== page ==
> >> 3. 64-bit shifts to get approximate seconds
> >> (fast, but loss of accuracy)
> >>
> >>
> >
> >If you convert from microseconds to integer seconds (which is what httpd
> >requires), you loose -resolution- no matter how you do it. If
> the accuracy
> >you loose is smaller than the resolution, then what does it
> matter that you
> >loose some accuracy?
> >
>
> I think it's possible to see inaccuracies at the second level if
> we divide the current time_t by 2^20. If not, then this concern
> vanishes.
>
Cliff demonstrates that there is significant loss of accuracy using just a
shift. I believe (faith? :-) that there is a simple solution to this. Don't
know what it is just now though...
>
> >I'd like to leave the struct/function renames off the table for
> now and just
> >discuss the technical details of the proposals... It was the
> intertwining of
> >the technical and esthetics of the naming convestions that made
> the previous
> >discussion difficult for me to follow.
> >
>
> I agree on this part. Looking just at the proposals I've heard so
> far for the representation, and ignoring the naming issues, here's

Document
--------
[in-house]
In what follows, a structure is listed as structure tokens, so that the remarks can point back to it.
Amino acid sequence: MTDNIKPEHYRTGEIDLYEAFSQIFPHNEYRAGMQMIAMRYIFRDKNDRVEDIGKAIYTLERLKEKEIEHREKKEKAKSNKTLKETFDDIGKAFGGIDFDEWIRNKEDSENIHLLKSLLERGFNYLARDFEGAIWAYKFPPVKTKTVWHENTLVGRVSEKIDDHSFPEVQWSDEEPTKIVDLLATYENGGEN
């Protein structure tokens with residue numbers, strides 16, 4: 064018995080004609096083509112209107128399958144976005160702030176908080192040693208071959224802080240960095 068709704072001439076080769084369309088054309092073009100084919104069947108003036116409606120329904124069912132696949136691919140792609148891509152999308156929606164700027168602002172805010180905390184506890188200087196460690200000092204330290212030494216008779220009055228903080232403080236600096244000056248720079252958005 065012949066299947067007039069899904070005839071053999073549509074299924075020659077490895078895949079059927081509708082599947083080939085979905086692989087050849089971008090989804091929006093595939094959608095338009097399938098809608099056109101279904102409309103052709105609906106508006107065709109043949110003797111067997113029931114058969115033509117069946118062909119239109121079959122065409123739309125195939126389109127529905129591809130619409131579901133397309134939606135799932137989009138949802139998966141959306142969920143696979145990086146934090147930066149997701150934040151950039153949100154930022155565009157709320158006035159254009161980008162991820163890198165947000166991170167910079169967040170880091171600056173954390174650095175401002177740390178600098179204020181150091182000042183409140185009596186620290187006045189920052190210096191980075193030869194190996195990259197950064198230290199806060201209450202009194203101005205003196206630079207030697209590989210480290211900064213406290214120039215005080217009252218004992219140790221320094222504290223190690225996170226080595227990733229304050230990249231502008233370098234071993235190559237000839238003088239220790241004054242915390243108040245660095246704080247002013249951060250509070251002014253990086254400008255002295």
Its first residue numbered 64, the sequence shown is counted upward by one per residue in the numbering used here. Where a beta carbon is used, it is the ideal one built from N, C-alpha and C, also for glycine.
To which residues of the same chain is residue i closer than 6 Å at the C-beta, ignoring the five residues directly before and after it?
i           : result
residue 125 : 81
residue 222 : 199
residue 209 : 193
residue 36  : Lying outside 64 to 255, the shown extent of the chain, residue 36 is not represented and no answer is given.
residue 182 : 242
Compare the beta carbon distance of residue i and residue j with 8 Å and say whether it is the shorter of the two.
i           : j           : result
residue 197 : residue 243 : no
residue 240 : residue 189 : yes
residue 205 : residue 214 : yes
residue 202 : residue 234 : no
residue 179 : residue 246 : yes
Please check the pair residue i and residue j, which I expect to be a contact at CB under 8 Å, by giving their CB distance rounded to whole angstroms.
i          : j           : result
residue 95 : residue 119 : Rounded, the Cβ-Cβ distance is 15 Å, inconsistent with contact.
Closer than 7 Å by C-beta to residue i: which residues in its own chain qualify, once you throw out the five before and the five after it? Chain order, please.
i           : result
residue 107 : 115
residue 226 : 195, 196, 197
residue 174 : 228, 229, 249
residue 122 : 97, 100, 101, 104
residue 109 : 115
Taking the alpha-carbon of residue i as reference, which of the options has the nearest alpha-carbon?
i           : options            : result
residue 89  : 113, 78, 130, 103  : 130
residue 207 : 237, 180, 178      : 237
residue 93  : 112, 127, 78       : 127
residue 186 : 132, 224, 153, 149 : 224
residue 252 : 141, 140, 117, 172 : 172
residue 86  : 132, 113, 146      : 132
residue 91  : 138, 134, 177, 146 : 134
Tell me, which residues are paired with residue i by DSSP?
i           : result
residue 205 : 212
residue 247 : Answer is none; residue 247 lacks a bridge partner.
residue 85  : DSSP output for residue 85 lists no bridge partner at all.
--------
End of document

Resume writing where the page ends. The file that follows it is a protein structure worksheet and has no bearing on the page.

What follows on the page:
> my attempt to enumerate the advantages and drawbacks of each
> representation:
>
> * Scalar containing seconds since the epoch (like time_t):
> Pros: Adequate for things that only need seconds,
> extracting seconds from this object has zero cost :-)
> Cons: Not a general-purpose solution because it can't
> hold microseconds
>
> * Scalar containing seconds and usec, encoded in the current
> apr_time_t format:
> Pros: Microsecond resolution
> Cons: 64-bit multiplication and division ops are a
> performance problem in some important applications
> (like the httpd)
>
> * Scalar containing seconds and usec, encoded in busec format:
> Pros: Microsecond resolution, fast retrieval of seconds and
> microseconds
fast retrival of binary seconds. Need to convert to decimal to
pass on apr_poll, et. al., no?
> Cons: None that I know of
>
> * Struct containing seconds and usec as separate fields
> Pros: Microsecond resolution, fast retrieval of seconds and
> microseconds
> Cons: May take up more space (64-bit seconds plus 32-bit usec,
> compared to 64 bits for the whole object in some of
> the other designs), addition and subtraction are slower
> with a struct than with a scalar.
>
> Based on the technical merits of these designs (which I hope I've
> described accurately here--corrections welcome), I think the binary
> microseconds design is the best.
>
If it is not possible to efficiently extract accurate 1 second resolution
values from apr_time_t (decimal microseconds), then I agree. I am not quite
ready to conceed the point though.
Bill